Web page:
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WASHINGTON — Early absentee ballot returns have left military voting officials hopeful that overseas troops will face fewer challenges casting a vote in this year’s elections than ever before.

Bob Carey, director of the Federal Voting Assistance Program, said just a few days into the absentee voting season that elections officials in Texas and Delaware have already reported receiving ballots from servicemembers overseas.

In addition, about 2,000 troops have accessed the program’s online federal absentee write-in ballot to cast their vote, and another 61,000 have used the federal postcard application to register to vote and update their mailing information. In 2008, only 21,000 troops used those postcards.

“The fact that we’ve had this much activity is very promising,” Carey said. “How we measure ourselves is voter success. We don’t require people to vote. But we want to see [troops] who want to vote being able to properly vote.”

In 2008, only about 63 percent of overseas military voters who requested a ballot successfully recorded a vote in the election. Among absentee voters in the United States, that number topped 91 percent.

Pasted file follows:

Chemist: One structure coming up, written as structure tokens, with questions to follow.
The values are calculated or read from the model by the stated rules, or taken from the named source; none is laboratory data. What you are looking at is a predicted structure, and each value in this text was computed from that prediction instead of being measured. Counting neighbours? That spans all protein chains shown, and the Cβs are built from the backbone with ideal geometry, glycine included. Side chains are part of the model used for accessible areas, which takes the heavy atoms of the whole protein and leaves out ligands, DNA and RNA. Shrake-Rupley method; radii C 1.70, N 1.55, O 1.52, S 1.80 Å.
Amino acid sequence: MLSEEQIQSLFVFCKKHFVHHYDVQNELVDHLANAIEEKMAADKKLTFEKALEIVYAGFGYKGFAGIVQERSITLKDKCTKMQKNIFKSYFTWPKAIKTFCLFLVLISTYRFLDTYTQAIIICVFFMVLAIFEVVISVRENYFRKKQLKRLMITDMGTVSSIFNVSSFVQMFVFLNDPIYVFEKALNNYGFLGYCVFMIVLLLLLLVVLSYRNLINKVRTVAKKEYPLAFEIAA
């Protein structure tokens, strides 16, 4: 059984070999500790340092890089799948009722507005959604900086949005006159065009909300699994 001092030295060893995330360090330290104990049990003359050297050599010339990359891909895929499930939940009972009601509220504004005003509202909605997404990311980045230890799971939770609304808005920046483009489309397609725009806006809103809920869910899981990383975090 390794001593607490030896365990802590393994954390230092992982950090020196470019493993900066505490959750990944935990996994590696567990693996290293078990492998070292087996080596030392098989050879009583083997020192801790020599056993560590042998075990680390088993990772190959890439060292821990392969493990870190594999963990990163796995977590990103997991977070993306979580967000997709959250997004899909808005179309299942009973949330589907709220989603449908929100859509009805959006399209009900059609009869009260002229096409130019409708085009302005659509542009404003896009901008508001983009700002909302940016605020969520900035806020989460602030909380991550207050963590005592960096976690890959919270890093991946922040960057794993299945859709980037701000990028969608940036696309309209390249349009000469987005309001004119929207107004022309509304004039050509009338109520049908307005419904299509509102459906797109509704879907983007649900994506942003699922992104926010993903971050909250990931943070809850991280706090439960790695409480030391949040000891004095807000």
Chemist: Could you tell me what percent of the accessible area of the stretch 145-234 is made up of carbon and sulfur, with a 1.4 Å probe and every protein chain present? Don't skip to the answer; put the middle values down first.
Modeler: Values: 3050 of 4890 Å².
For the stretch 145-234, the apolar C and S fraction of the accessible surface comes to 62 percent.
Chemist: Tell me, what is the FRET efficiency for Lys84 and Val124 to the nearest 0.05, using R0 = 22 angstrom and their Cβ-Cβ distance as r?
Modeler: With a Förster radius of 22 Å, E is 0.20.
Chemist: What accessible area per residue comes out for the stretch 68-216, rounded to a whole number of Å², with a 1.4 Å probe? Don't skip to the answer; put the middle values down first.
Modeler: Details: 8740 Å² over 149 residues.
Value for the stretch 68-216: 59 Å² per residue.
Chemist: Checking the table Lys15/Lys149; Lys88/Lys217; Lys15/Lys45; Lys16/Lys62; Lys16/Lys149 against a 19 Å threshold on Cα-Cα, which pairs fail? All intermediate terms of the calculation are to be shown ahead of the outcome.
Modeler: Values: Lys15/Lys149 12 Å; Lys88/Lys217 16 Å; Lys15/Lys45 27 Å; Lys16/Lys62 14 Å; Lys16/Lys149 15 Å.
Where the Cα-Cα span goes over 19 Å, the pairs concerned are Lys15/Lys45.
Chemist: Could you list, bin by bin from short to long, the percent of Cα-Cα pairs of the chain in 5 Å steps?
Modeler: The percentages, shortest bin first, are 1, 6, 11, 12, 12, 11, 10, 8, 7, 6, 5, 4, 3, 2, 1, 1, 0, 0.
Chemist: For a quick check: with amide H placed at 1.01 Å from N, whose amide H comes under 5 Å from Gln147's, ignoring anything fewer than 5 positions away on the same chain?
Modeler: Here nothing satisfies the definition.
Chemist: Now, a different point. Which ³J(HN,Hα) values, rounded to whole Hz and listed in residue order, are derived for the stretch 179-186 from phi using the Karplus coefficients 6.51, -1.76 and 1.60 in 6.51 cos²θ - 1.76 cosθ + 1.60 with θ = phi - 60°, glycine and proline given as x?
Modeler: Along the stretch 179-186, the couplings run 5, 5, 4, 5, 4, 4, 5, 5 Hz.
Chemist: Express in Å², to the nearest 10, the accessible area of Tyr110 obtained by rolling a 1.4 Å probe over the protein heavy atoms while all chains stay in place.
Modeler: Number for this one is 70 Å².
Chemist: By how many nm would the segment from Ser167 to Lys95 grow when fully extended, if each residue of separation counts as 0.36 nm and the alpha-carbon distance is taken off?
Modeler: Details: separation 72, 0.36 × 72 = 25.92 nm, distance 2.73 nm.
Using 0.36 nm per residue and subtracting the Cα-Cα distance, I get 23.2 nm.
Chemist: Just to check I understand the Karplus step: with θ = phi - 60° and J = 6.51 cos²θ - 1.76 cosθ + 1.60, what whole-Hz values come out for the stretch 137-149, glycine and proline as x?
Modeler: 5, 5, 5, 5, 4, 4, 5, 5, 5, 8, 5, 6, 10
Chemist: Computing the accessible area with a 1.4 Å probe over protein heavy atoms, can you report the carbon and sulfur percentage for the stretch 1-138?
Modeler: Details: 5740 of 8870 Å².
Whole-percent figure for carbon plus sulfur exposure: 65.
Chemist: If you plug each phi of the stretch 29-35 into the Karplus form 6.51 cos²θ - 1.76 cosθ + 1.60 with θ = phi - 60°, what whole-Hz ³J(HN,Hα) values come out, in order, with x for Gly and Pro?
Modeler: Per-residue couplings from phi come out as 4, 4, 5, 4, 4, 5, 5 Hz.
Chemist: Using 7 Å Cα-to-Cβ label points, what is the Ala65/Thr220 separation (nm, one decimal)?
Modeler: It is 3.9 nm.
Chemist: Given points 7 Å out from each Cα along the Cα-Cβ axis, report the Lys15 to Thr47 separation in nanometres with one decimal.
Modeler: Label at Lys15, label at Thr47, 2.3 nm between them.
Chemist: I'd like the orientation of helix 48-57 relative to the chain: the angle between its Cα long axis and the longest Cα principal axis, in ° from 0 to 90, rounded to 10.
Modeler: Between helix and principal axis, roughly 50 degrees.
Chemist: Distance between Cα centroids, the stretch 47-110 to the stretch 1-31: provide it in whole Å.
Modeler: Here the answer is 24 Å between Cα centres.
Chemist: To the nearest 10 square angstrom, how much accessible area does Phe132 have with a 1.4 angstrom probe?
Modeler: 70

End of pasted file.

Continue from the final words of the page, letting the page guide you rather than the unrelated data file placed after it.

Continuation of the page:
The problem has been getting ballots to overseas troops — many serving in remote outposts in Afghanistan — and getting them back to state offices in time for the votes to be counted.

A study last year by the Overseas Vote Foundation found that only about half of Americans living abroad who requested an absentee ballot in 2008 got one at least a month before election day, leaving the rest with a small window to complete and return the paperwork.

Carey said the FVAP has focused throughout the year on shortening delivery times, both through express mail and additional online tools. Sixteen states allow overseas voters to return their ballots via e-mail. West Virginia allows online voting in some counties, and Arizona permits its residents to download ballots, complete them and upload them to the state’s website.

This week marks the program’s biennial absentee voting week, urging all overseas military voters to return their ballots as soon as possible.

“As soon as you receive the ballot, fill it out and get it back in the mail,” Carey said.

Officials also encourage those who have not yet received their requested state ballots to fill out and mail in a federal absentee write-in ballot instead. Carey said that will insure that troops can cast a vote for at least some of their state races, and troops can still submit the state ballot if it arrives later.

shanel@stripes.osd.mil

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